7 Replies Latest reply: Aug 10, 2016 10:20 AM by Olly Bond RSS

    Maximum numbers of rows for a model

    kajbw _

      Is there a maximum number of rows that can be imported from .txt or similar ASCII file?


      running v 13 and have some 4 million and 6 million row files coming my way.



        • Re: Maximum numbers of rows for a model
          Austin Perkins

          I spoke with someone at Monarch last week about this topic and apparently there is not a limit, your only limitation is your computer resources. The person I spoke with said they had worked with over 45M rows before in Data Prep Studio, I am assuming that there would be no difference for Monarch Classic.

          • Re: Maximum numbers of rows for a model
            Grant Perkins

            What are you exporting to when your extraction is complete? Will all millions of rows be passed on?


            If so bear in mind that there may be restrictions in the target output file options. See the technical specs in the Help file.




            • Re: Maximum numbers of rows for a model
              Olly Bond

              Hello kajbw, hello Austin,


              There are, sadly, limits. Monarch assembles data in the table, and this whole process is managed by the application using Microsoft's LocalDB SQL engine. Before v12, it was the ADE (Access Database Engine) and before that, it was using JET to manage everything in an Access database. LocalDB offers us three advantages - we can have more than 9 external lookups, we can have 512 fields for each row not 256, and we can store 10GB in the table not 2GB.


              Let's assume that we're given five million rows of data - can we work with it? If each row is one field, of a single character, like "A", then it takes up one byte, so we'd be using 5 MB of data. If each row has 2000 bytes of data, we'd have 10 GB and be at the limit. Arriving at 2000 bytes per row isn't hard - 100 character wide fields crop up frequently in address data, and remember that all numbers, even 0,01 or 1, take up eighteen bytes to store. If the average field takes 40 bytes, it's only 50 fields before your data size begins to hit the limit. The hard limit in SQL is 8096 characters per row, regardless of how many rows you have.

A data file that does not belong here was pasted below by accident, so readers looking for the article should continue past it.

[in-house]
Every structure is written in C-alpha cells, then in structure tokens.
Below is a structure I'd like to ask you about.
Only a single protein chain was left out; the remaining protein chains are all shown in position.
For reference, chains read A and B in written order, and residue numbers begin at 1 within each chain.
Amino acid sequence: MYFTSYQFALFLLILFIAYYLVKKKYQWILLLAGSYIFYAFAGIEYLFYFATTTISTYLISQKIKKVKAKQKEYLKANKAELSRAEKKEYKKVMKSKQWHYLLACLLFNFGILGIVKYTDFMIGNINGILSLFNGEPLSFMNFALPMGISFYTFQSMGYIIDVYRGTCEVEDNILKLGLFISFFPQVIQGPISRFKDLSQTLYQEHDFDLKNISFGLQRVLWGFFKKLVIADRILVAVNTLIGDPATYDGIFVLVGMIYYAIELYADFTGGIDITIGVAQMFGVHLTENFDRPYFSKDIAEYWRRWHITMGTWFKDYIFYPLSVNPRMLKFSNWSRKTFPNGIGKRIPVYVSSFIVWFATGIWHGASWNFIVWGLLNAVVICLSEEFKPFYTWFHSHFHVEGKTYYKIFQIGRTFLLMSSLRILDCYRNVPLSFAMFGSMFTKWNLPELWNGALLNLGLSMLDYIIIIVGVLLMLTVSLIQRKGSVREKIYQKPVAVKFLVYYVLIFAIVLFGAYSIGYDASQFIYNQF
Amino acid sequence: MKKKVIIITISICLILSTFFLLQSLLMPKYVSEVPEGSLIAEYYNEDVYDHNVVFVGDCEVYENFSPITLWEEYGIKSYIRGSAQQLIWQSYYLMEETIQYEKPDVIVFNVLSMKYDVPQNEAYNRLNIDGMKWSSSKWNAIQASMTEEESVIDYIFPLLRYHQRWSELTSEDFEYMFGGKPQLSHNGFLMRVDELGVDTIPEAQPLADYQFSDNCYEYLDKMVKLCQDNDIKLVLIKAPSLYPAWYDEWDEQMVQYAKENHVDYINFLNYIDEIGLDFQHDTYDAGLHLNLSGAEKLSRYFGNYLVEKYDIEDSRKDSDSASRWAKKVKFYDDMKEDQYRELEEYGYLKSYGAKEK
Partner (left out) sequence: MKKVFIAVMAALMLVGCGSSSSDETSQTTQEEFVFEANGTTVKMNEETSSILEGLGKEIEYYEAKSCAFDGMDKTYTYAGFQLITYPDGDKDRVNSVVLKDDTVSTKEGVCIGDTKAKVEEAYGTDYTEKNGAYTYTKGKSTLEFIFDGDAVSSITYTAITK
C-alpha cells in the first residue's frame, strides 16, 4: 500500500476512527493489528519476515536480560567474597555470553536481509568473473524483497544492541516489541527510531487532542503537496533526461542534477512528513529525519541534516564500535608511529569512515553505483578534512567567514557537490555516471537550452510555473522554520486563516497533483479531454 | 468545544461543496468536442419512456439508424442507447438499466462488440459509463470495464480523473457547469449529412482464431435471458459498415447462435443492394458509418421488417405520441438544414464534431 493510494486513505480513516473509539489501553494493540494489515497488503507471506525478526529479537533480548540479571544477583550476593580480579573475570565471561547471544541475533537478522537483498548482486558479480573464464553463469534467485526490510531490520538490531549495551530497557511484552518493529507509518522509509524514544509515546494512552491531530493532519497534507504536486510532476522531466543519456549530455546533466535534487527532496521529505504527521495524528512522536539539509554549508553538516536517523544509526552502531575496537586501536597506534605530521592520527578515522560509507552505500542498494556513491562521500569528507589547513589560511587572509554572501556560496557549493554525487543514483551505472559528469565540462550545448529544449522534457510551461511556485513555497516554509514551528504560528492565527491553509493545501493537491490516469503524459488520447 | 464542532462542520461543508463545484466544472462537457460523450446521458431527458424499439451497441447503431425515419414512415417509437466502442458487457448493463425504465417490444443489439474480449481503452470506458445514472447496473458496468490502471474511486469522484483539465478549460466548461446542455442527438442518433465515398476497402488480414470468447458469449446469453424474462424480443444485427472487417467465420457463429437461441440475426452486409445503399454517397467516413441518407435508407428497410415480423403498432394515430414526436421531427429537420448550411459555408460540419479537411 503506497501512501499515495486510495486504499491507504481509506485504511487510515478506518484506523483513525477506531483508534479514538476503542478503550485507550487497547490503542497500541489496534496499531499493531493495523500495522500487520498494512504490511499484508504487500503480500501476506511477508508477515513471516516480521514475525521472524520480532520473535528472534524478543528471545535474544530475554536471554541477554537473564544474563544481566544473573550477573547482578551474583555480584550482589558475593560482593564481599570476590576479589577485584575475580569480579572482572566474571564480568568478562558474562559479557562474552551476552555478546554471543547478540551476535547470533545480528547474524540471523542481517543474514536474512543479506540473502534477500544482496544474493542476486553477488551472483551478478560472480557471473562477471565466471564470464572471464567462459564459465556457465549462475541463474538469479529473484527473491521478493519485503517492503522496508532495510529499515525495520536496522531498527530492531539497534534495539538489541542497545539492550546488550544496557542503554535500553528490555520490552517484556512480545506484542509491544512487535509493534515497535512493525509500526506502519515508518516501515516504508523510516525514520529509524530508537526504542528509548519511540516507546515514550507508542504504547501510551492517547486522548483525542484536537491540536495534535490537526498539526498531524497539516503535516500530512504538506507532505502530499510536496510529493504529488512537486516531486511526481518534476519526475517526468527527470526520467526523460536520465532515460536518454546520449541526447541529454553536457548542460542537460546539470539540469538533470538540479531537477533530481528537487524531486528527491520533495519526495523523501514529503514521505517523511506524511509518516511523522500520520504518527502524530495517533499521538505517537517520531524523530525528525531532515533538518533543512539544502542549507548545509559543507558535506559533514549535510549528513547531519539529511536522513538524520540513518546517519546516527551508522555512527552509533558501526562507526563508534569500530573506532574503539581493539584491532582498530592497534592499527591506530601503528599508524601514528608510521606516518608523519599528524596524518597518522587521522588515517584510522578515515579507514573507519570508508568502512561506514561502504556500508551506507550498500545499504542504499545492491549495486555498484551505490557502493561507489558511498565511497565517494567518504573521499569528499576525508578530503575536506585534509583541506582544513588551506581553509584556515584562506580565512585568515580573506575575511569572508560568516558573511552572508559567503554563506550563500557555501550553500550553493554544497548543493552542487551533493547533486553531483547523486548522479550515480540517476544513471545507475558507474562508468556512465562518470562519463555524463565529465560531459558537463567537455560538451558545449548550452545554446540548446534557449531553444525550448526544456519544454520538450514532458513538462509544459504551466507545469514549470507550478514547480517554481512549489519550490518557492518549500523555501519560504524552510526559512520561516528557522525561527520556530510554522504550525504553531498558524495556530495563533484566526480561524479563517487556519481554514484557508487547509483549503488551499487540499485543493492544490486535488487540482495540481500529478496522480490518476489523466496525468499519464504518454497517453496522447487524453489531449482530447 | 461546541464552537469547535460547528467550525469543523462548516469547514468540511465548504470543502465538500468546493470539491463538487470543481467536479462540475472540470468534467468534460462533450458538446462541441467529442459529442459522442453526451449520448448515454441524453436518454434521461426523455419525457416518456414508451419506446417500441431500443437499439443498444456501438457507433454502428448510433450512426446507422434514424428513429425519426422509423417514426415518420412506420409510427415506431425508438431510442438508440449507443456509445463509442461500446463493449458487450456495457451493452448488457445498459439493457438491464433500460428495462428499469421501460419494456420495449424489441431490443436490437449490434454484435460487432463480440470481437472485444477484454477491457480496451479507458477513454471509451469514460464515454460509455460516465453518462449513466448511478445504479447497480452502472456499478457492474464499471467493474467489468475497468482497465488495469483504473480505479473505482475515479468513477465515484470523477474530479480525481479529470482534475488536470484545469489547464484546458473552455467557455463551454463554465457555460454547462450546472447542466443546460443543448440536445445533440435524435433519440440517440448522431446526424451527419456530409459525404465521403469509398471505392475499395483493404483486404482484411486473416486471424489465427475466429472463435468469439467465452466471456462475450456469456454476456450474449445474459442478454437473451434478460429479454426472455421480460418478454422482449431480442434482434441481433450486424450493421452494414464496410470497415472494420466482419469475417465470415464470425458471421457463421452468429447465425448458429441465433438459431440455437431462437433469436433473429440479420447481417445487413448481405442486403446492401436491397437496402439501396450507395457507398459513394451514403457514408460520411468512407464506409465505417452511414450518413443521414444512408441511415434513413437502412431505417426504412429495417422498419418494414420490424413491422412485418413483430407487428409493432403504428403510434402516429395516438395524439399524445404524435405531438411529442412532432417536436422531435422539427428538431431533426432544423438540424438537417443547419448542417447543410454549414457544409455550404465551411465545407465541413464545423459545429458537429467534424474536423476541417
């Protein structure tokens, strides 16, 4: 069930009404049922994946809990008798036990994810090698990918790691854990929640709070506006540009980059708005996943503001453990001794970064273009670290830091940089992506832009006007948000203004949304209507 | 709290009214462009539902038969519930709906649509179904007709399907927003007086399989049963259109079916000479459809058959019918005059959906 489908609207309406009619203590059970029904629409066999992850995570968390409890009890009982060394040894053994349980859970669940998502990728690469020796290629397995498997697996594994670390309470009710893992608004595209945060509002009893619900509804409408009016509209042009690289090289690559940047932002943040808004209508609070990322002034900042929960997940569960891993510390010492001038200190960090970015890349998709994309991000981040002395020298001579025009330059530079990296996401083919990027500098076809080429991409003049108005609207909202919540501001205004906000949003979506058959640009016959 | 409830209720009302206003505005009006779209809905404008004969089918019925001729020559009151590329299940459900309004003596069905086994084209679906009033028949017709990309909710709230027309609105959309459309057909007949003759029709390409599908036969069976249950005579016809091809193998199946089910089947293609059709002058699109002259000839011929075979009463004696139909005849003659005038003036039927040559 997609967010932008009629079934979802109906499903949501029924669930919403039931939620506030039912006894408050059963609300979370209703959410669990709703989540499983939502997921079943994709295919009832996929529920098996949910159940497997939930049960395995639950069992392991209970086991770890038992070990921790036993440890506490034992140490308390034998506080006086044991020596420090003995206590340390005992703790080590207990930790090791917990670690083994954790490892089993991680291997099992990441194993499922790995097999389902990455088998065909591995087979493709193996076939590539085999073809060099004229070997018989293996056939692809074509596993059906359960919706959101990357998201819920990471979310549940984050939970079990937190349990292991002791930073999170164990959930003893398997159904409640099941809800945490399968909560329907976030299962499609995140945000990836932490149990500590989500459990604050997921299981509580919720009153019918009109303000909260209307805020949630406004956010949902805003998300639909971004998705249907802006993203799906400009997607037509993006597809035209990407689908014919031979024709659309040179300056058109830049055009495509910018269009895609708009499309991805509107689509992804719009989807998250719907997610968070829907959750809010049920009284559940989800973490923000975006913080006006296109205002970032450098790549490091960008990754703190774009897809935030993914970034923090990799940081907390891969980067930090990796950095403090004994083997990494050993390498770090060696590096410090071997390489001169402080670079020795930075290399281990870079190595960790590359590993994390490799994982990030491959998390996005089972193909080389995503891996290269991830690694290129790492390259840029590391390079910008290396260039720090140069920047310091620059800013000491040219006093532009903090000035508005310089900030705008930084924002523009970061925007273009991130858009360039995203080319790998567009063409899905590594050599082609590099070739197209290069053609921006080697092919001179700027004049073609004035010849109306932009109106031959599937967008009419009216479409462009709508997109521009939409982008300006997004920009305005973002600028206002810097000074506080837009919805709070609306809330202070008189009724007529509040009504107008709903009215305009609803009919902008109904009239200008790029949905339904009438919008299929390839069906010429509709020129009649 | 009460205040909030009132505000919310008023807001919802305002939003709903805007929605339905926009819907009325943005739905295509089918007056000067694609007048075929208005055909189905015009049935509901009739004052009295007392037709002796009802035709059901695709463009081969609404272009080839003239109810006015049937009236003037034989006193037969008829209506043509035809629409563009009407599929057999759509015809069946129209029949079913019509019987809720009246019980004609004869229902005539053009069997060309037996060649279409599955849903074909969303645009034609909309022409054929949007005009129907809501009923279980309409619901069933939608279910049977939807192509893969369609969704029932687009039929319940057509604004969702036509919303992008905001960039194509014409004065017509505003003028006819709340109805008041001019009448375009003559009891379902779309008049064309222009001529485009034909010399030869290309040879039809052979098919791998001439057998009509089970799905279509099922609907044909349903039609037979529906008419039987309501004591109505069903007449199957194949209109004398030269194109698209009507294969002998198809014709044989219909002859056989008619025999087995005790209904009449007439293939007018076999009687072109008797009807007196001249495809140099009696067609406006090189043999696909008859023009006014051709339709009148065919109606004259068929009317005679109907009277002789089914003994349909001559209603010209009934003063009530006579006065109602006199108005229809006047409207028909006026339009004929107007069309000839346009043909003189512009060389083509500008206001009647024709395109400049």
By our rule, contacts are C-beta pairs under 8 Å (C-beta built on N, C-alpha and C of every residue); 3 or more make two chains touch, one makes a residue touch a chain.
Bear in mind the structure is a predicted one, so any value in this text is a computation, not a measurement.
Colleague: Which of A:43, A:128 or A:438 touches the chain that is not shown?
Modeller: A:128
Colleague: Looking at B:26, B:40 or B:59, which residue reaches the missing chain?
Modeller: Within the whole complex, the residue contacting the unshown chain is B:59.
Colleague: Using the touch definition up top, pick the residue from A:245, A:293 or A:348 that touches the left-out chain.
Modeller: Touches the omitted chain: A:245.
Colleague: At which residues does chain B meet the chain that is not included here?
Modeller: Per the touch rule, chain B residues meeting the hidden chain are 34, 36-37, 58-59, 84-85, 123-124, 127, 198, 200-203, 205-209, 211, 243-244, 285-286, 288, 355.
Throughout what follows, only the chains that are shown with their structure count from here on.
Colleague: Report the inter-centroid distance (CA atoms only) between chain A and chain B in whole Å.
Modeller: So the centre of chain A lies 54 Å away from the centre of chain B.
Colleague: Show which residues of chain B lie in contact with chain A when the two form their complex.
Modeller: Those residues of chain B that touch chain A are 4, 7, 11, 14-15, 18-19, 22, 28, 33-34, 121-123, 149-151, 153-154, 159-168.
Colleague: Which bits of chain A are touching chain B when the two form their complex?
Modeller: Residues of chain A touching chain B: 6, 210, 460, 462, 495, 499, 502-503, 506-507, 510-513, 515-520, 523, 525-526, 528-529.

When someone claimed to be working with 45 million rows of data, perhaps each row was less than 200 characters, or perhaps they were making an outer join to those 45m rows from a smaller table, and so not adding all that data to the main table in LocalDB. I should add that Data Prep supports other joins, not just left outer external lookups, and may have a different database architecture under the hood, compared to Classic Monarch.


              If you are faced with data that's just too big for Monarch to handle in one go, then there is are techniques to work around it.


              Hope this helps,



                • Re: Maximum numbers of rows for a model
                  Joe Meree

                  I believe you can develop your model on the desktop with Monarch and then process much bigger input sets on Automator (since it uses the full version of SQL Server and most likely is x64).


                    • Re: Maximum numbers of rows for a model
                      Olly Bond

                      Hello Joe,


                      Microsoft offer a range of SQL Server options, most support up to 10GB as a maximum database size, but if you give Microsoft some extra money, they let you make databases up to 524 PB. Just to give a sense of scale, that's 50,000 times bigger than 10 GB. If each row of our table was 500 bytes, then we could make a table with 1,000,000,000,000,000 rows. Doing anything with this table might take some time, just storing it might cost money, and where we'd want Monarch to export it, I can only imagine...


                      But practically, if a user needs to get past the 10GB limit, the desktop edition of Automator wouldn't help, as that's localDB SQL, so they'd need the server edition. That starts at about USD 25,000, I think, but is there an extra charge if they needed to connect it to a version of SQL that supported bigger database size limits?


                      Best wishes,